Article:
Great translator born in Yarlung and ordained by Santaraksita. Matured by Padmasambhava, he caused water to flow from rock. Worked with Vimalamitra on translations of outer, inner and secret esoteric teachings: Guhyagarbha. Also studied with Vairocana in Central Tibet. Reviled by his brother and repeatedly chased out of hermitage, he went into retreat with Vimalamitra and accomplished Vajrakilaya. Initiated the blacksmith Lha Pelgi Yeshe who once rescued him from prison after killing two guards.

Kamalasila 8th c.

Disciple of Santarakshita, his debate with Hva-shang at Samye determined that the gradualist system as taught by Santarakshita would be the basis for Buddhism in Tibet.

Haribhadra 8th c.

Disciple of Santaraksita, he wrote important commentaries on the Prajnaparamita. King Dharmapala of eastern India became his student and patron as he went on to construct 50 temples as well as Vikramasila. Teacher of Buddhajnanapada.

Trisong Deutsen 790 - 844

Second Great Dharma King. At 17 he became interested in the efforts of his forefathers to establish Dharma in the Land of the Snows, against the wishes of his Bönpo ministers, he invited Santaraksita and later Padmasambhava to introduce Buddhism in Tibet. Together they constructed Samye Monastery.

Ralpachen 805 - 838

41st King of the Yarlung Dynasty; Third Great Dharma King (reigned 815-838) who furthered the translation work by standardizing technical terms. Assembled hundreds of scholars from India and Kashmir to work with teams of Tibetan translators to translate most of the Hinayana and Mahayana texts as well as the Inner Tantras. Was assassinated and replaced by his anti-buddhist brother, Langdarma, who nearly brought about the destruction of Dharma in Tibet. Langdarma vigorously persecuted the sanghas until he too was assassinated (842) by a monk bent on protecting the Dharma. This persecution marked the end of the first transmission of Dharma to Tibet.

Namkhai Nyingpo c. 700 — 900

Siddha disciple of Padmasambhava, sent to India with 107 others to study with Indian masters in preparation for massive translation project.

Yeshe-de c. 700 — 900

Among the first 108 translators sent to India, assisted in the translation of more than 300 texts, and served on the standardization committee. Early work on Prajnaparamita and Abhidharma teachings. Mastered Vajrakilaya Tantras and could soar in the sky.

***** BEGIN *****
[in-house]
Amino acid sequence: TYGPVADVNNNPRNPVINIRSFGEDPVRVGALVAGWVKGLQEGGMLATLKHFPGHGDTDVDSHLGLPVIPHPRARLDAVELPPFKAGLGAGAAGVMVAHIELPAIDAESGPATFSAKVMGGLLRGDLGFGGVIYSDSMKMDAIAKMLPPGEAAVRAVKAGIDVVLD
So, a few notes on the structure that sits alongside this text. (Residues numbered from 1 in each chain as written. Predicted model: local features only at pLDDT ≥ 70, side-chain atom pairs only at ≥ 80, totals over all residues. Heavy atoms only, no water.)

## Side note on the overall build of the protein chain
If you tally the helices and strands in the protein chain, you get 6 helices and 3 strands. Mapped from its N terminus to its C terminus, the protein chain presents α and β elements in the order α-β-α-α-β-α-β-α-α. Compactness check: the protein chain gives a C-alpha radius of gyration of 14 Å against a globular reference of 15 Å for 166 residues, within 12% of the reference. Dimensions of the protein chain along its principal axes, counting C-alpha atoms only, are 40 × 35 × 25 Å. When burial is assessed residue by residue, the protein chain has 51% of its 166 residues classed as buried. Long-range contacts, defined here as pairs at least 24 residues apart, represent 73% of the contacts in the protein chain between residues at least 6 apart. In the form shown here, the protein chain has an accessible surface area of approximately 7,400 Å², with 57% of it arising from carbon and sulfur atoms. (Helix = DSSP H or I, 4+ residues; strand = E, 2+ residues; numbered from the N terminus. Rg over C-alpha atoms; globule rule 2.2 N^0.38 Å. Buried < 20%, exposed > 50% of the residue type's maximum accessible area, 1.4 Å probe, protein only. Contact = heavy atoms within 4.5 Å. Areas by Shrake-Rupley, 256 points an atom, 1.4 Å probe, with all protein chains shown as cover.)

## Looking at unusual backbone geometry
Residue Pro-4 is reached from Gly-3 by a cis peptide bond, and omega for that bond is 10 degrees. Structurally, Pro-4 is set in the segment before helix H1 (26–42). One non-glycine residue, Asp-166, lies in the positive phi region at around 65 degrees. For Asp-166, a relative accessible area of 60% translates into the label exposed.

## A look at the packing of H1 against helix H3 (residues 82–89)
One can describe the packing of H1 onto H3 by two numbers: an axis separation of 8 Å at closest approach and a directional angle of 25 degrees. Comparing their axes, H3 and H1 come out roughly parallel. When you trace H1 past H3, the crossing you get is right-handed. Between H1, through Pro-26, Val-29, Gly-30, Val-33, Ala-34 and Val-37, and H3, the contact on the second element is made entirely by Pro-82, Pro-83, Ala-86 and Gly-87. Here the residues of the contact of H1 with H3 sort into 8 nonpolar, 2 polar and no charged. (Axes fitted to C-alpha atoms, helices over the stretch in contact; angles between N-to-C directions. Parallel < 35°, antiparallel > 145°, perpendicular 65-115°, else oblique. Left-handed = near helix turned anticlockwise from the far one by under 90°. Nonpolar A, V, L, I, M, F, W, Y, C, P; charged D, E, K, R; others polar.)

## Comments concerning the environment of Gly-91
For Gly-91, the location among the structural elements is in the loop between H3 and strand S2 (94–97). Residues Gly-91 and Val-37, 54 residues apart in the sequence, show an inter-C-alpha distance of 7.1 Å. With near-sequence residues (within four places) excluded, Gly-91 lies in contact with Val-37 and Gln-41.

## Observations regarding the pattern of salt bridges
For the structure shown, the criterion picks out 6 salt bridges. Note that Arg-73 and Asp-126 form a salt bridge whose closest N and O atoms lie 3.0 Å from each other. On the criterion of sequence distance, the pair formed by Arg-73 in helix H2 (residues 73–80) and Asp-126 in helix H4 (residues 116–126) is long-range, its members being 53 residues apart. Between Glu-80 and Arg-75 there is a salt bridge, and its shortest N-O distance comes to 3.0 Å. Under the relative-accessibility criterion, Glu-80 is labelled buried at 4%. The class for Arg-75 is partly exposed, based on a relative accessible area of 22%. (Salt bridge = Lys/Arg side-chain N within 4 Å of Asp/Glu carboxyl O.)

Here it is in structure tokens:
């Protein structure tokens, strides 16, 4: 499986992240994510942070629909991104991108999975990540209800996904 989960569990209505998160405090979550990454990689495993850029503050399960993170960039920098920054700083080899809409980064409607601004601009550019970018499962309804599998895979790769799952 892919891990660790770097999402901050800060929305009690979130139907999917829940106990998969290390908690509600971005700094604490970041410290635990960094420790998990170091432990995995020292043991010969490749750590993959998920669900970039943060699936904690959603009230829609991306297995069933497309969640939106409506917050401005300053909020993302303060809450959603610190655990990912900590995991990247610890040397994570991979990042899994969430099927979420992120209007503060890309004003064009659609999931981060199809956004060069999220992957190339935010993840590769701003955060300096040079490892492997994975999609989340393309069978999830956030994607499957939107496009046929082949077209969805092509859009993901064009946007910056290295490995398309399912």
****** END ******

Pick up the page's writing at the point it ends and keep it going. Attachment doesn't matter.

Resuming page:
Ma Rinchen chog c. 700 — 900

Among the young Tibetans sent to India by the king, one of the first seven monks ordained by Santakarasita, student of Padmasambhava, he meditated in many caves and could tranform rock into edible nectar. During debates with the Bönpos, he sat cross-legged in space. Carried the king's invitation to Vimalamitra in Oddiyana and became his disciple; helped in translating Guhyagarbha. Wrote more than 250 Dzogchen commentaries

Loden Sherab 800 - 900

"The Great Translator of Ngog." One of the translators of thousands of scriptures into Tibetan. Studied in India with Lotsawa Tsen Khawoche, Khyungpo Chetson, Ra Lotsawa, and Nyen Lotsawa. Established a teaching tradition at the Dharma college Sangpu Netog, a respected college in the tradition of the great Indian universities. The college was built by his uncle, Ngog Legpa Sherab, one of the 21 translators sent to India after the destruction of King Langdharma. Transmitted the Prajnaparamita teachings.

Nub Sangye Yeshe 832 - 932

Born in the uplands of Dra in Central Tibet, disciple of Padmasambhava and Vimalamitra. Helped preserve the lineage from destruction under Langdarma. Began study at age seven with Odren Pelgi Zhonu, the blacksmith siddha. Studied with many masters and went to India and Nepal several times. At 54, he was instructed by the preceptor Vasudhara who pointed him to Varanasi and the master Prakasalamkara where he received Anuyoga instruction. His main seat was in Yangdzong in Dra during the difficult years of Langdarma's persecution; there were various rebellions and Nub's two sons were murdered. Nub was inspired to take up the role of a wrathful protector who demonstrated his power dramatically when called before the despot king and thus provided some immunity for long-haired, white-robed ngakpas.

Zurpoche Shakya Jungney (Zurchenpa) b. 954

A father of the Nyingma lineage, main Vidyadhara of his time for Maha and Anuyogas. At Ukpalung Monastery in Central Tibet, he collected thousands of texts, classifying and arranging Tantras together with their commentaries, practice and ritual manuals.